When the Federal Government Shuts Down, What’s the Impact Beyond Washington?



By Scott Lewis
Roland Calia_teaching-Stuart_1280x850.jpg

Two times in recent months the United States Congress has narrowly avoided a shutdown of the U.S. government by passing stopgap funding bills to keep the federal government operating. Now the clock is ticking again, and legislators face a pair of looming deadlines and a potential shutdown if new funding bills are not passed in time.

While the political negotiations over the bills are centered in Washington, D.C., the repercussions of a federal shutdown would quickly be felt at the state and local level across the entire country.

“In Illinois, the impact would be statewide, involving everything from national parks to airports to health and social service programs,” says Professor of Public Administration Roland Calia at Illinois Institute of Technology’s Stuart School of Business.

Calia’s teaching and extensive professional and research experience focus on areas including governmental tax and fiscal policy, public and nonprofit financial management, state and local government budgeting, performance measurement, and economic development.

“Certain services would continue to be provided, such as Social Security and disability payments, veterans benefits, and the Medicare system, but the operations of many federal agencies would be halted or reduced,” Calia says. “There are over 42,000 federal employees in Illinois and most would be furloughed during a shutdown, leading to service disruptions in several key policy areas.”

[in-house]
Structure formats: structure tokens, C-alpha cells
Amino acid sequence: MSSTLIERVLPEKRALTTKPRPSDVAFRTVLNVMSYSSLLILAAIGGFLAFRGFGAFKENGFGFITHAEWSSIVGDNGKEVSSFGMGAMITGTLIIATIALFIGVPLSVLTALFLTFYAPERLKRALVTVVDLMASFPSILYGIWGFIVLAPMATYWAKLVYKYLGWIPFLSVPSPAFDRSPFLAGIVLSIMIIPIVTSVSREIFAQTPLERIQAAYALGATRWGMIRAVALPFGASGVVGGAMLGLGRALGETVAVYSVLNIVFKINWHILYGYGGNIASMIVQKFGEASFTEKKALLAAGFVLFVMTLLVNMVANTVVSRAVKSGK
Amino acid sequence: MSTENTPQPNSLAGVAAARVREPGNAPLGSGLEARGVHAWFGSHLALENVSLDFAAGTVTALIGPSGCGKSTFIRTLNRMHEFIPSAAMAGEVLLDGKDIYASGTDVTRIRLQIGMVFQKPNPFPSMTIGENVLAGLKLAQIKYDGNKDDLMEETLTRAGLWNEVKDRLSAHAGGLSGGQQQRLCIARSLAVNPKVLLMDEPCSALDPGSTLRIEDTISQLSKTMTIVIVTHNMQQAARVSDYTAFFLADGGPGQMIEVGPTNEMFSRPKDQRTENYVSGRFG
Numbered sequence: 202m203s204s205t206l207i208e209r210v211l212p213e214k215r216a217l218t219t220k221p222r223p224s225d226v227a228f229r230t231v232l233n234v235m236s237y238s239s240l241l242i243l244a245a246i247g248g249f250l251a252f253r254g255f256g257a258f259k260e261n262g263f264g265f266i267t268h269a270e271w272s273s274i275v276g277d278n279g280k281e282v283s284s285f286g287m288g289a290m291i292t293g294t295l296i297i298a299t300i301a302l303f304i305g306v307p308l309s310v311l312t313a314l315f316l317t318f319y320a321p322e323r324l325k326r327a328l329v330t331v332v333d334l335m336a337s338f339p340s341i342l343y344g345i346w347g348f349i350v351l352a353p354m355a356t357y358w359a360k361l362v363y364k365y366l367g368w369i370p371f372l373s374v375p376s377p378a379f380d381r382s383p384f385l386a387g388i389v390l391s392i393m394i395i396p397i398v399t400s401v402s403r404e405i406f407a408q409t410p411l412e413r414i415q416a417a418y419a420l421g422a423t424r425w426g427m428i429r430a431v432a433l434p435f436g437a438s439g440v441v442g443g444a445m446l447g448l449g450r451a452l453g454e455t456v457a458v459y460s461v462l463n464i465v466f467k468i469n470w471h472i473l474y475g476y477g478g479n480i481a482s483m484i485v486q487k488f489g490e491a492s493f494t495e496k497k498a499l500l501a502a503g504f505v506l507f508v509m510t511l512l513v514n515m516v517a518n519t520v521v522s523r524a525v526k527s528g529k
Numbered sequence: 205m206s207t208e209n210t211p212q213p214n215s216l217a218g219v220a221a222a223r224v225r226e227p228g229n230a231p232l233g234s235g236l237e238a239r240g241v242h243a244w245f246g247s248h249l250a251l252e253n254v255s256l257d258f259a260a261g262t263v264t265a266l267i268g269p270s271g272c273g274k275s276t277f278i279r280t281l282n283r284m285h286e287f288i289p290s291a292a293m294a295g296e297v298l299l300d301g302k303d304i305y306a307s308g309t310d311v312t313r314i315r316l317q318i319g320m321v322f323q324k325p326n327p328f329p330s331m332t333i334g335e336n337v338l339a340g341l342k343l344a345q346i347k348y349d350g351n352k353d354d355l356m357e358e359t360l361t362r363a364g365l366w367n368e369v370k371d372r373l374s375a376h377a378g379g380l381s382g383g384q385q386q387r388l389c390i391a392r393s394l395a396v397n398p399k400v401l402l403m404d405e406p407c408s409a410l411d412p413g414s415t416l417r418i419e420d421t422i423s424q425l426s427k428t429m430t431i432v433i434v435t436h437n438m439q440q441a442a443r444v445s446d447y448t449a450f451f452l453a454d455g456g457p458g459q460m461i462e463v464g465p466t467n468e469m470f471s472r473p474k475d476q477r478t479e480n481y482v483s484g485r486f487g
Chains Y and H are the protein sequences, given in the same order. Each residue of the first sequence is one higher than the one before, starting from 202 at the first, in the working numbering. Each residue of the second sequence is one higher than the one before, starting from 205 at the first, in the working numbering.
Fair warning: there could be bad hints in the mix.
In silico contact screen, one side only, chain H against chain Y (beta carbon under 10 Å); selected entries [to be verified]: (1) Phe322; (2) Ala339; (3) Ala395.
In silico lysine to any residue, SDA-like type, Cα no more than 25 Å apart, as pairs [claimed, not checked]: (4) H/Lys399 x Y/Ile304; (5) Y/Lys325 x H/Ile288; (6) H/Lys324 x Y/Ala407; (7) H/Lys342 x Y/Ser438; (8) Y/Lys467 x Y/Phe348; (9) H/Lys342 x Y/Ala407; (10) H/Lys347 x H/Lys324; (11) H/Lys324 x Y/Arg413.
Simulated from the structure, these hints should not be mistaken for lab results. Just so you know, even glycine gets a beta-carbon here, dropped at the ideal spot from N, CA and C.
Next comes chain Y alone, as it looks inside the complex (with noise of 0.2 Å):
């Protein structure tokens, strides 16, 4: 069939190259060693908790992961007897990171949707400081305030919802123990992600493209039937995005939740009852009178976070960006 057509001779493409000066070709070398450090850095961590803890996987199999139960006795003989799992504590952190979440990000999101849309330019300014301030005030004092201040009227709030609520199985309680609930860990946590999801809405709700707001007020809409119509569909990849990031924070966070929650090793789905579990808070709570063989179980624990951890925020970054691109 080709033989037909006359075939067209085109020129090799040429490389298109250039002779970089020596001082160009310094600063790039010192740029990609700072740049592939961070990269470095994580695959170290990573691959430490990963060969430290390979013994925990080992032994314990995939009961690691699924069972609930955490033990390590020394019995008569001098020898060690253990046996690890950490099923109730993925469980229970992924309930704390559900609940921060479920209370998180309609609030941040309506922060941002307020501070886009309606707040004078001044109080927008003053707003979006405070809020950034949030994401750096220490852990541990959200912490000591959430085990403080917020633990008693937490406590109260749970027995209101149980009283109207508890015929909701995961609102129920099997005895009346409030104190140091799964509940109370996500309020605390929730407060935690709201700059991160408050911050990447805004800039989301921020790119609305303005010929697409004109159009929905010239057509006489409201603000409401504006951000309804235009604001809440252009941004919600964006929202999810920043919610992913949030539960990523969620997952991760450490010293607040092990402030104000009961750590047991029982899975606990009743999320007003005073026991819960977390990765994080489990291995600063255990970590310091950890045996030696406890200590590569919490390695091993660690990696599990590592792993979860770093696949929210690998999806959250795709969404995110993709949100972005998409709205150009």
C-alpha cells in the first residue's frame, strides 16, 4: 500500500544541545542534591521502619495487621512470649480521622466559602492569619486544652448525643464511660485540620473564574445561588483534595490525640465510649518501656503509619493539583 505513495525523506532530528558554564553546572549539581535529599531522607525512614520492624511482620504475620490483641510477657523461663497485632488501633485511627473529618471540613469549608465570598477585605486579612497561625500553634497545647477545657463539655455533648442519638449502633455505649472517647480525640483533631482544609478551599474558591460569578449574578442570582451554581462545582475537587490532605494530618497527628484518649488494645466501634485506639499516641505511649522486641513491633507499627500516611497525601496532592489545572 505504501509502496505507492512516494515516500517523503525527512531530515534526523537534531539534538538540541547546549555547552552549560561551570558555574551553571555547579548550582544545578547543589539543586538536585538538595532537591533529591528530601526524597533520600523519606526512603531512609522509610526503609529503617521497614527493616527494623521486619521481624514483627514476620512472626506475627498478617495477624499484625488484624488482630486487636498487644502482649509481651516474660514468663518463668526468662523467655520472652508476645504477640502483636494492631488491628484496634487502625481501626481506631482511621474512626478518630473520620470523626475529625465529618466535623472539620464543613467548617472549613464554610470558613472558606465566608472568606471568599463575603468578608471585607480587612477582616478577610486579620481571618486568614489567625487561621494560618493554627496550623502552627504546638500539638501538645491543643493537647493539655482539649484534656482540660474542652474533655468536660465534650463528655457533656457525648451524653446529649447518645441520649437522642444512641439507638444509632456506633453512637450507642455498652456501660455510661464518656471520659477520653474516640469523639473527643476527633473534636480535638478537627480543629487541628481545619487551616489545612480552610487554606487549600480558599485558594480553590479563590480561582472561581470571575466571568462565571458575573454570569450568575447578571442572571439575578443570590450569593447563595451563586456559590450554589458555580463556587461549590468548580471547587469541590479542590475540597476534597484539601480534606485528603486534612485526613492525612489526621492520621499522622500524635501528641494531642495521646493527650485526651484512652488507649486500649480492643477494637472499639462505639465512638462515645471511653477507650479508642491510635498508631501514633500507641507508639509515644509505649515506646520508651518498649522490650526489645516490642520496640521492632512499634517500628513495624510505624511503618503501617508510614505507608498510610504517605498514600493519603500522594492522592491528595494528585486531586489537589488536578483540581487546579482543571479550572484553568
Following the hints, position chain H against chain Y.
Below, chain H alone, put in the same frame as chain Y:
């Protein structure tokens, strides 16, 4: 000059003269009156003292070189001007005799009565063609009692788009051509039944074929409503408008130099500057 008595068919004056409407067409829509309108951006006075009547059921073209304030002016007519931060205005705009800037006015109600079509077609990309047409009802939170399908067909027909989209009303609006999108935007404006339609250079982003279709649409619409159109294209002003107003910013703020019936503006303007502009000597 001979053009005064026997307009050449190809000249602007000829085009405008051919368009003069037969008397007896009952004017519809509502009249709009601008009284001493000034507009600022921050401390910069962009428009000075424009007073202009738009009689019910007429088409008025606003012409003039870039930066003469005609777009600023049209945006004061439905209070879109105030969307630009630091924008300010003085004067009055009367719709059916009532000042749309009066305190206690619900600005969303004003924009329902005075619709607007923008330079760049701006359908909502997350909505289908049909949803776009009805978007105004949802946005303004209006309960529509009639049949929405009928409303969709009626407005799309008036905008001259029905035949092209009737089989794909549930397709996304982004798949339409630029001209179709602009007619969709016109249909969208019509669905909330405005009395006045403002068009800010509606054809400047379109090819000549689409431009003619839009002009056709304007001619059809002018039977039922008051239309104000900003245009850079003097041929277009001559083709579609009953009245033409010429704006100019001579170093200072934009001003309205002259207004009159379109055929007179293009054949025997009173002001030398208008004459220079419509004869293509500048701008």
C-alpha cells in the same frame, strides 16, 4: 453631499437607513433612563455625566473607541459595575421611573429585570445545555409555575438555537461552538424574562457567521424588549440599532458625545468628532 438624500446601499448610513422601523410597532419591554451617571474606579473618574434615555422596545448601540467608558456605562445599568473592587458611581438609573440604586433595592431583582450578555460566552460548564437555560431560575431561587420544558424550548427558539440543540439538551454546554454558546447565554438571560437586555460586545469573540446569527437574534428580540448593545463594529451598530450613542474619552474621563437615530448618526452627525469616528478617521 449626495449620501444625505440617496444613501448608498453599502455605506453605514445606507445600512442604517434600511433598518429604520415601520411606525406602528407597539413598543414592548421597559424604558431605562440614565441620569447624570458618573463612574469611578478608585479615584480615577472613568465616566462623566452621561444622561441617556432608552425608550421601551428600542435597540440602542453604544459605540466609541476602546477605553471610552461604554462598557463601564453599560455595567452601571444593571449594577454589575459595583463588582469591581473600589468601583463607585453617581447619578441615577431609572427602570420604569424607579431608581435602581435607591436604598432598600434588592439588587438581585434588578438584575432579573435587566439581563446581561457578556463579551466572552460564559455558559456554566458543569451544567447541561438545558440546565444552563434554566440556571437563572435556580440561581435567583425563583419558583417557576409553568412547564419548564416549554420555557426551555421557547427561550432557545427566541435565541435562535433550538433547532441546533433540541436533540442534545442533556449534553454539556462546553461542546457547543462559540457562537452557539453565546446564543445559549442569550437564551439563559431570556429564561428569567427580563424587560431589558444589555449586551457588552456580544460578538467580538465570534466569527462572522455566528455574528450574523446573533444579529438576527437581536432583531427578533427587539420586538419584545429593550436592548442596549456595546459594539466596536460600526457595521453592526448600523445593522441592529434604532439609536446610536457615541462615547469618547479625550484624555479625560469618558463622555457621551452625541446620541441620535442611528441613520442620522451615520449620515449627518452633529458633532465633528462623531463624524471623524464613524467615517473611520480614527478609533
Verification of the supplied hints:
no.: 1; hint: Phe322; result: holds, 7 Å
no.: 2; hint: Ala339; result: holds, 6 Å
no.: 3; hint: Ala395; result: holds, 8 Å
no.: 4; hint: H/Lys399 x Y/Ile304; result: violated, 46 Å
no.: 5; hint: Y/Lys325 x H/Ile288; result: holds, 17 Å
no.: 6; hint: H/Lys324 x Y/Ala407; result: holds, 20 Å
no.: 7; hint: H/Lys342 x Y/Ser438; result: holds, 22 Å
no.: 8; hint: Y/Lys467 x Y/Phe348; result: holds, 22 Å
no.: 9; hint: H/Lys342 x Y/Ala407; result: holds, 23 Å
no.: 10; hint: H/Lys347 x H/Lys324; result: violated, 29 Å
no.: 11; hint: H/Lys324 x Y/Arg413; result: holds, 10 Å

He points to examples that demonstrate some of the breadth of a shutdown’s effects, such as:

  • Loss of access to government-funded health care for approximately 65,000 children in Illinois

  • Reduction or loss of nutritional assistance to 155,000 low income women and children in Illinois through the Special Supplemental Nutrition Program for Women, Infants, and Children (WIC), which is administered by the Illinois Department of Human Services but funded by the federal government

  • Seniors and veterans unable to get their questions answered or problems addressed by the U.S. Social Security and Veterans Administrations because the agencies’ employees have been furloughed

A brief shutdown likely would not lead to major disruptions, according to Calia, but that would change if it continues beyond a few days.

“A lengthy federal government shutdown of a month or more would have a major economic impact, primarily due to slowdowns in air travel and cutoffs of social service funding for at-risk populations,” he says. “The effects would be especially severe for Illinois residents who rely on federally funded nutritional or health assistance.”